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You can expect to tackle unwieldy video projects when you belong to a district Communications Department. These projects require a fleshed-out script, a plan for direction and video capture, the participation of schools, teachers, and students, video and editing know-how, and a vision to propel you through the long hauls and scheduling setbacks.

It’s the sort of task that might prove tricky to pull off successfully for an industry professional– which is what makes the district video created by Elin, a Provo CAPS student, all the more impressive.

Provo CAPS students work with local businesses to provide business solutions, making real contributions in the professional field. 

For the past semester, high school students in the program made authentic digital designs, software, marketing plans, and engineering projects for local businesses. Student projects fall into one of the four CAPS strands: Digital Design & Software Development, Business, Marketing & Entrepreneurship, Engineering & Industrial Design, and Medicine & Health Science. 

From the inaugural event to the Business Pitch Day leading to the end-of-term Project Showcase, CAPS students journey from mile marker to mile marker until they finish their project.

To give you some insight into the journey, we can use Provo City School District’s Promotional District Video as an example. The video and script highlighted unique, exceptional features of our district (like our DLI Program, CAPS program, graduation rates, cultural values, etc.) by asking students and staff from all district schools to read brief testimonials and facts about district features. By collecting video testimonials, the video would celebrate our most significant achievements, and the cultural unity spread across each school.

It’s a significant project that asks the creator to employ hard creative skills, patience, perseverance, and a maven’s eye for content creation. But overcoming obstacles is what Provo CAPS students do.

So, Communications Employees from Provo District pitched the video project on Project Pitch Day. 

The Project Pitch day, however, marked a leaping-off point, a threshold crossing. Students learned business tools and strategies to manage tasks and projects until that date. They’ve learned insider jargon and language and worked through team building exercises. On Project Pitch Day, representatives from local businesses present a project requiring slick time management and adept usage of industry tools to complete. Students took notes on projects, developing strategies for achieving a given project’s goals using their learned skills. Then, CAPS mentors divide projects up to students according to their strands and interests. It’s the first step on the journey toward their business project.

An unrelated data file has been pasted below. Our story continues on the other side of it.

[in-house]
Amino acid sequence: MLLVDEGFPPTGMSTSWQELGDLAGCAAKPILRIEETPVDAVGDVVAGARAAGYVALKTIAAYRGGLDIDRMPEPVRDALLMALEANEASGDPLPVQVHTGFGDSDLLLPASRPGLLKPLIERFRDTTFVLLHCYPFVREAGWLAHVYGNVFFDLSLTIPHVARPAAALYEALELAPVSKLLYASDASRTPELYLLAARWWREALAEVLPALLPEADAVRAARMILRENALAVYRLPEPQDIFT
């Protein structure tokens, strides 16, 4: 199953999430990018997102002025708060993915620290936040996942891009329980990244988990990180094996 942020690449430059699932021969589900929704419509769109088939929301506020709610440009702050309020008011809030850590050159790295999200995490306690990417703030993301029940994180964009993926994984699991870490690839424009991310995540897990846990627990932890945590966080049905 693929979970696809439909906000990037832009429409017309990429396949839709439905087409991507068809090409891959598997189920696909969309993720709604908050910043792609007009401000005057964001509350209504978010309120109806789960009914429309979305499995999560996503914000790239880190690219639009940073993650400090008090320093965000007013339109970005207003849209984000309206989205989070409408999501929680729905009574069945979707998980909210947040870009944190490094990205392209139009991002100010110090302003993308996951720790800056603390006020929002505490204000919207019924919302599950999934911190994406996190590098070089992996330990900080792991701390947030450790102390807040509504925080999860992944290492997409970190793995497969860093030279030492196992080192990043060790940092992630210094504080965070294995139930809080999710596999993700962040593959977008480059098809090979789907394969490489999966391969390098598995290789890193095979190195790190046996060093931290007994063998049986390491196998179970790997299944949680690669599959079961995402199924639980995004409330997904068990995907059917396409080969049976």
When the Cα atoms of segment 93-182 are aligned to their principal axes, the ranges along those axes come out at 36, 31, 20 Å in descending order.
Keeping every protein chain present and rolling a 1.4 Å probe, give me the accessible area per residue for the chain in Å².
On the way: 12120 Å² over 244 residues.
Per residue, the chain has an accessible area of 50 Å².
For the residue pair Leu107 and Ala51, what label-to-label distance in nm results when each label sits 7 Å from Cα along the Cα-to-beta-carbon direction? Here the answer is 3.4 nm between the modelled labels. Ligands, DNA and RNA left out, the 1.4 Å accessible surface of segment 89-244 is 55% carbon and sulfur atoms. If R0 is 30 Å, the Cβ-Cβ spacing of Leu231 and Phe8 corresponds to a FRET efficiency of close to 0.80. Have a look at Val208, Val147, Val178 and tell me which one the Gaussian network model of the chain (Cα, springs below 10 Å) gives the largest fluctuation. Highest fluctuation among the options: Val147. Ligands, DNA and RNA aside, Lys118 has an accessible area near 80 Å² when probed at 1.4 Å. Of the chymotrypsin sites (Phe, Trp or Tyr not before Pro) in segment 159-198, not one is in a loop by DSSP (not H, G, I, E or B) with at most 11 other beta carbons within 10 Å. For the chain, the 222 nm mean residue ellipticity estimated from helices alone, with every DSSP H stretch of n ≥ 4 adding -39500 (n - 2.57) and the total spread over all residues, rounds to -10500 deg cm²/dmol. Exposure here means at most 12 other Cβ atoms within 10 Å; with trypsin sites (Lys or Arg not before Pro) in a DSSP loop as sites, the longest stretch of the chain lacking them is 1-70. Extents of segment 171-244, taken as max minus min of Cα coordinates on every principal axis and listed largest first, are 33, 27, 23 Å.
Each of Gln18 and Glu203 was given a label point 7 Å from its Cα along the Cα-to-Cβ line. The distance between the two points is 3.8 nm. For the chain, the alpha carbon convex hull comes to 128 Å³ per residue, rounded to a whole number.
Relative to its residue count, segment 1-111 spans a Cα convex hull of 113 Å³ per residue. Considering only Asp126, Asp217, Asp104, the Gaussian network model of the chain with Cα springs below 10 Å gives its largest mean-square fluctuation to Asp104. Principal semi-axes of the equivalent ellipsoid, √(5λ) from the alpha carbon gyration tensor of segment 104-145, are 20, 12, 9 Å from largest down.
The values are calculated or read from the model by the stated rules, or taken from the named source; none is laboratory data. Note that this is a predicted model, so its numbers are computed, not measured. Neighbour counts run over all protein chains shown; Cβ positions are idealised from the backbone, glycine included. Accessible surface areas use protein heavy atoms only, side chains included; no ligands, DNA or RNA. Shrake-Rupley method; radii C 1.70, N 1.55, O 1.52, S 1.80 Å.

After the Project Pitch, the Communications Team met personally with the student taking over the project– this was Elin, a student on track for early graduation with an eye on digital design. 

The team reviewed the details of the pitch, discussed project layout and,

and offered insider stats on district demographics, noting that she had total control to effectively alter the script and produce shots as she saw fit. After handing over the script, Elin shared her vision for the video; she intended to primarily utilize J-cuts to overlap audio over the preceding scene’s video from scene to scene to convey a cohesive, harmonious message.

It’s a directorial and editorial decision that speaks to control over one’s craft– and it was a compelling choice to convey the video’s thematic message effectively. 

After the meeting, Elin had the monumental undertaking of outreach to every school, organizing dates, locations, and talent to collect video using authentic audio collection tools and camera rigs. Then, after collecting the clips, she edited each video’s volume, lighting, and framing, slowly stitching each shot together using her J-cut technique.

She worked hard to finish her product, completing the video in the nick of time before the Project Showcase.

As her client, we can’t overstate how impressed we were with Elin’s technical prowess, task management, and editing capabilities. We can’t thank Elin enough for all of her hard work. 

It’s mind-boggling to realize that all of the students in the Provo CAPS program are this capable, and undergo this degree of on-the-job learning. Watching this next generation of students develop the skills and tools required for inevitable leadership is beyond exciting and should give Provo residents hope for the future, too. 

We’re so proud of our Provo CAPS students and instructors, and we can’t wait to see what they do next.

Spencer Tuinei
  • Communication Specialist
  • Spencer Tuinei